Our state and local governments provide many valuable services to West Virginia citizens. Sometimes in the provision of those services, errors and accidents occur. While West Virginia laws may allow government departments and government officials to be sued in particularly egregious circumstances, they must also balance the ability of citizens to sue against the practicalities of providing affordable services to all. If every citizen could sue the government for millions of dollars any time an accident occurred, a local government might quickly find itself bankrupt and unable to provide any services to the community. In order to protect against this, West Virginia’s laws provide governments with governmental immunity in certain circumstances. A recent case before the Supreme Court of Appeals of West Virginia looks at whether a West Virginia resident has a right to sue a fire department for errors in attempting to put out a fire at her house.
On January 9, 2014, Freedom Industries caused one of the largest chemical spills in West Virginia history. For reasons unknown at the time, over 10,000 gallons of chemical waste were emptied into the Elk River, which served as a water source for Charleston, West Virginia. For a period of roughly 12 days, residents and businesses in Charleston were unable to use their tap water and were forced to buy clean water from the store. Those who came in contact with the water reported rashes, sickness, and nausea. Freedom Industries later confirmed that two chemicals, a form of methanol known as MCHM and a form of phenyl ether known as PPH, were involved in the spill. Shortly after the spill was reported, the West Virginia Department of Environmental Protection began an investigation into what had caused it. They determined that the chemicals that had been released were coal cleaning agents that were produced by another company, Eastman Chemical. Shortly after reports of the spill were released, Freedom Industries filed for bankruptcy.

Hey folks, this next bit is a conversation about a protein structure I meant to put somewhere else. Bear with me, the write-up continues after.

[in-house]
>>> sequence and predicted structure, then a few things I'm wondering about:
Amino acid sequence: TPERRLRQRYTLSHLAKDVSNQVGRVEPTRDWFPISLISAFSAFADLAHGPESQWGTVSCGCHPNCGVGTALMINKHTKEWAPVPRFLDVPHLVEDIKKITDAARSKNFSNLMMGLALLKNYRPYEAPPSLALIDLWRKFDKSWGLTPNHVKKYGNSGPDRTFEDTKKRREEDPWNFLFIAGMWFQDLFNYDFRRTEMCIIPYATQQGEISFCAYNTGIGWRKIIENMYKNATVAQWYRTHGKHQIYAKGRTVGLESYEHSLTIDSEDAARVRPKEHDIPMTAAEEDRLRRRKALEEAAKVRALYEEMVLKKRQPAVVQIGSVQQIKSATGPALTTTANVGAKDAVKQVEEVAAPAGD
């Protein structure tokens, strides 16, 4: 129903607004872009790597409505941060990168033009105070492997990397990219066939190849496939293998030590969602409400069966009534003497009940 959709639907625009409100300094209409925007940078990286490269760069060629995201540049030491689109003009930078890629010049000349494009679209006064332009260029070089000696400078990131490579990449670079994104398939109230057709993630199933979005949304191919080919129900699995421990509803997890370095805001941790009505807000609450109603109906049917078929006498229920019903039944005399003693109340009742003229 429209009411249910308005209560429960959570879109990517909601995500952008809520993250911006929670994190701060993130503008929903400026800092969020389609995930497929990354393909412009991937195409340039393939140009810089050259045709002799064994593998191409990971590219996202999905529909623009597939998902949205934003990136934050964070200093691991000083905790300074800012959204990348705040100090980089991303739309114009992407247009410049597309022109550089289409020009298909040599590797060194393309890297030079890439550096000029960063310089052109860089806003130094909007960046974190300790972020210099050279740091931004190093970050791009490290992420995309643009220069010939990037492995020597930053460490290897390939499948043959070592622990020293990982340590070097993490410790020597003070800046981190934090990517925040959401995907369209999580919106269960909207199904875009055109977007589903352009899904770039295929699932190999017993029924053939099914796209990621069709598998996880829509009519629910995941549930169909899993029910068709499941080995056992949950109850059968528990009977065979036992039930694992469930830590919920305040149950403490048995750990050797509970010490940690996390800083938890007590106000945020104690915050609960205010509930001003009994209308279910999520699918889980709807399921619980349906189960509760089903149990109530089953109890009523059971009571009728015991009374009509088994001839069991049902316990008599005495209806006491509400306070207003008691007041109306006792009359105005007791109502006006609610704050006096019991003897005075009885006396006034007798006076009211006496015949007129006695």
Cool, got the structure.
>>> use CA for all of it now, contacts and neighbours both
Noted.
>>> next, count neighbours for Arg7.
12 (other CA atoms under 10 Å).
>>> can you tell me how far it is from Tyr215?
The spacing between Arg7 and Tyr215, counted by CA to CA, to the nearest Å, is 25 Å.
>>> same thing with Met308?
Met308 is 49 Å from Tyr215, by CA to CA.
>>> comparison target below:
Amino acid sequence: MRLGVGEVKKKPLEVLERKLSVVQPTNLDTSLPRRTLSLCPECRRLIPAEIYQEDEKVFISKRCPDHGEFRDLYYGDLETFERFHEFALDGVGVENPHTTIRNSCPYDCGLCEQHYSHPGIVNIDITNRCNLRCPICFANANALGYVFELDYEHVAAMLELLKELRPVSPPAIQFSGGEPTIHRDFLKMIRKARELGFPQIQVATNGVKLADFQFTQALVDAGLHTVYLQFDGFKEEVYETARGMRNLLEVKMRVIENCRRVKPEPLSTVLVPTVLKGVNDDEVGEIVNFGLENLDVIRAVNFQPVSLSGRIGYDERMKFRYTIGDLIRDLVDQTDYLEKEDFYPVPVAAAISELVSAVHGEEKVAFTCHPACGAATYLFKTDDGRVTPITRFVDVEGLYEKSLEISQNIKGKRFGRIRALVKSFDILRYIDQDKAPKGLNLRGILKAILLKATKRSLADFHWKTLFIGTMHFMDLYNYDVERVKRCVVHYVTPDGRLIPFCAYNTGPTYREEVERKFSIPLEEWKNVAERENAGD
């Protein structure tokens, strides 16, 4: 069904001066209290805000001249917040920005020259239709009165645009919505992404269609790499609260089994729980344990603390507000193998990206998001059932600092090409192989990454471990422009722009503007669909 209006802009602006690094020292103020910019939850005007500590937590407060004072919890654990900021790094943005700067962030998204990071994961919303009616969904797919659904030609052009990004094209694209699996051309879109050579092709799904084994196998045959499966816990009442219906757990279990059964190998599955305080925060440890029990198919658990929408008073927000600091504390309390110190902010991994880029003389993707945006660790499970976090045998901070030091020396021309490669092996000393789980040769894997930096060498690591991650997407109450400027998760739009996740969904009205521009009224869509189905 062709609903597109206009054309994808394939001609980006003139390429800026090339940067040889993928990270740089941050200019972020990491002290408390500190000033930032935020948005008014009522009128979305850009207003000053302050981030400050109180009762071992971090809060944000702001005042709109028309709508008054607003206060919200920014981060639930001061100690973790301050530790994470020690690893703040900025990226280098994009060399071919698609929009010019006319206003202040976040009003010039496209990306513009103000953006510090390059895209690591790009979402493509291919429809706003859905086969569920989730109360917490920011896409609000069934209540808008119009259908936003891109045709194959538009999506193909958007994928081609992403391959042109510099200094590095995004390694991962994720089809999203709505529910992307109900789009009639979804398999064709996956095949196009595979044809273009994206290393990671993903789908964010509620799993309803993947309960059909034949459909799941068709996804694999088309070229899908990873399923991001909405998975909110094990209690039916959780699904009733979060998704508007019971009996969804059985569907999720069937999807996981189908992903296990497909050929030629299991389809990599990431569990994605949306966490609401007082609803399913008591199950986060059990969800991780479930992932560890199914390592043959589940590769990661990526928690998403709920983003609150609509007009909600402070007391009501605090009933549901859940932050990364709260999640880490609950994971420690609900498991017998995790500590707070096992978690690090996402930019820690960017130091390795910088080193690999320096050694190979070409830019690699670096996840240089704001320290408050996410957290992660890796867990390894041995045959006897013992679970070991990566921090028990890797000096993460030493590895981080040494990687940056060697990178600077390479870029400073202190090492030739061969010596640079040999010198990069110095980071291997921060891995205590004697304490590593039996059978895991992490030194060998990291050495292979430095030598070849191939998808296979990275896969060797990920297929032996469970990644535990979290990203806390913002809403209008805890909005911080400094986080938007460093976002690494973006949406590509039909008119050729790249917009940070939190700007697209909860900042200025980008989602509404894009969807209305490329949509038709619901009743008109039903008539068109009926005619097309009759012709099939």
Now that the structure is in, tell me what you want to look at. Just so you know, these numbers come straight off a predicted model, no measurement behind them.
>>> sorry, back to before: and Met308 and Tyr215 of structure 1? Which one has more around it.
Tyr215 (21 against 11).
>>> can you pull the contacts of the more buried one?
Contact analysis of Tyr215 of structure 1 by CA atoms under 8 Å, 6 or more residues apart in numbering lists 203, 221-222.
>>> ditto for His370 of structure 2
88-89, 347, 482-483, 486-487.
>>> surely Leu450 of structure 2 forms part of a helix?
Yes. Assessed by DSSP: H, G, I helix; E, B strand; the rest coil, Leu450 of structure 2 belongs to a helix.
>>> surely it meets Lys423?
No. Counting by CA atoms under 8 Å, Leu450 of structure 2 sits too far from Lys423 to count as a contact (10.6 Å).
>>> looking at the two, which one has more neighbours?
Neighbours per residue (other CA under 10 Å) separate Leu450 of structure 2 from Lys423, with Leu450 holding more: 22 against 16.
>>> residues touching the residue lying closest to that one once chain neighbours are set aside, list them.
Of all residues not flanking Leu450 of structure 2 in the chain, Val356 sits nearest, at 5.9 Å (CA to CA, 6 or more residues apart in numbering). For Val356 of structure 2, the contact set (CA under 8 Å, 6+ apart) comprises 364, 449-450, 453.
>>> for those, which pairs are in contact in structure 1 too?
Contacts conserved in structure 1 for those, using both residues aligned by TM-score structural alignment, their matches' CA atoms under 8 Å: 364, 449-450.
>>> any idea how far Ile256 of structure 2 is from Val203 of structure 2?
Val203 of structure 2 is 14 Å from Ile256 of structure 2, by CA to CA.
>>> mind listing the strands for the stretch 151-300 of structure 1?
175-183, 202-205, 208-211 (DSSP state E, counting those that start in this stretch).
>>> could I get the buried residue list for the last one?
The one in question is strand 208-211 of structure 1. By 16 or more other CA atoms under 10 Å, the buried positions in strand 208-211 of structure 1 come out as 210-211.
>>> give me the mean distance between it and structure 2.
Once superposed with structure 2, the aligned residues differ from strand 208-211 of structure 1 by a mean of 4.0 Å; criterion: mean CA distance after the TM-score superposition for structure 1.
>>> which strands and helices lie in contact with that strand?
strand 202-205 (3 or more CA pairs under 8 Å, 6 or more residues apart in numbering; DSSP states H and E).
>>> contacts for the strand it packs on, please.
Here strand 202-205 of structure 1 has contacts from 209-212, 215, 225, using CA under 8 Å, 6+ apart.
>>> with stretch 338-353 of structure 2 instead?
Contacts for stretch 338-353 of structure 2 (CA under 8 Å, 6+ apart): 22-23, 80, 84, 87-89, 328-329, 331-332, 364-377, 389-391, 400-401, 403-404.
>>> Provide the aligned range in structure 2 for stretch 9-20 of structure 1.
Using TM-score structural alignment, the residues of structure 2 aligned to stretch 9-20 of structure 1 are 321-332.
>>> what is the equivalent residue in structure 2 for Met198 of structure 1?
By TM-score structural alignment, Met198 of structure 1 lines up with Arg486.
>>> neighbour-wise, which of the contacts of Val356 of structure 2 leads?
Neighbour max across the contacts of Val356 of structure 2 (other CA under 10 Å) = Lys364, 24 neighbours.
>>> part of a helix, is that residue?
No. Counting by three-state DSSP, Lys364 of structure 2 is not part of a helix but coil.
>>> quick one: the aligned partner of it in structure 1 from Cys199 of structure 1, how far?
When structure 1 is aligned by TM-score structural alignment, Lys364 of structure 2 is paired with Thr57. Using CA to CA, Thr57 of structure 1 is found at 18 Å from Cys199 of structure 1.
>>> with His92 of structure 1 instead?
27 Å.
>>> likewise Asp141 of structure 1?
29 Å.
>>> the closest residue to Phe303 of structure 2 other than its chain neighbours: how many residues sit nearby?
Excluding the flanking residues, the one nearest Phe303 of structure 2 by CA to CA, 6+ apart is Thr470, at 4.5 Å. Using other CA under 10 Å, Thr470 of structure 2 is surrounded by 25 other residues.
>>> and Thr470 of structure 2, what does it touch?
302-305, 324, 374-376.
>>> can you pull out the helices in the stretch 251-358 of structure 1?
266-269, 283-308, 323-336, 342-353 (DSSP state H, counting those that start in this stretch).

While the investigation into the accident was ongoing, a class action lawsuit was initiated against Eastman Chemical. Included in the class were Charleston residents who had been affected by the spill because their water was interrupted, they lost wages while their businesses were closed, or they suffered ill effects from the spill. The plaintiffs alleged that Eastman Chemical was negligent because it failed to properly test the chemicals that it was manufacturing to ensure their safety, and it did not warn purchasers of the coal cleaning chemicals, like Freedom Industries, of the health dangers of the chemicals or how they should be properly stored. In response, Eastman Chemicals stated that it had followed all relevant guidelines for testing its chemicals, had properly informed Freedom Industries regarding its chemicals, and was not negligent, or responsible, for the spill into the Elk River.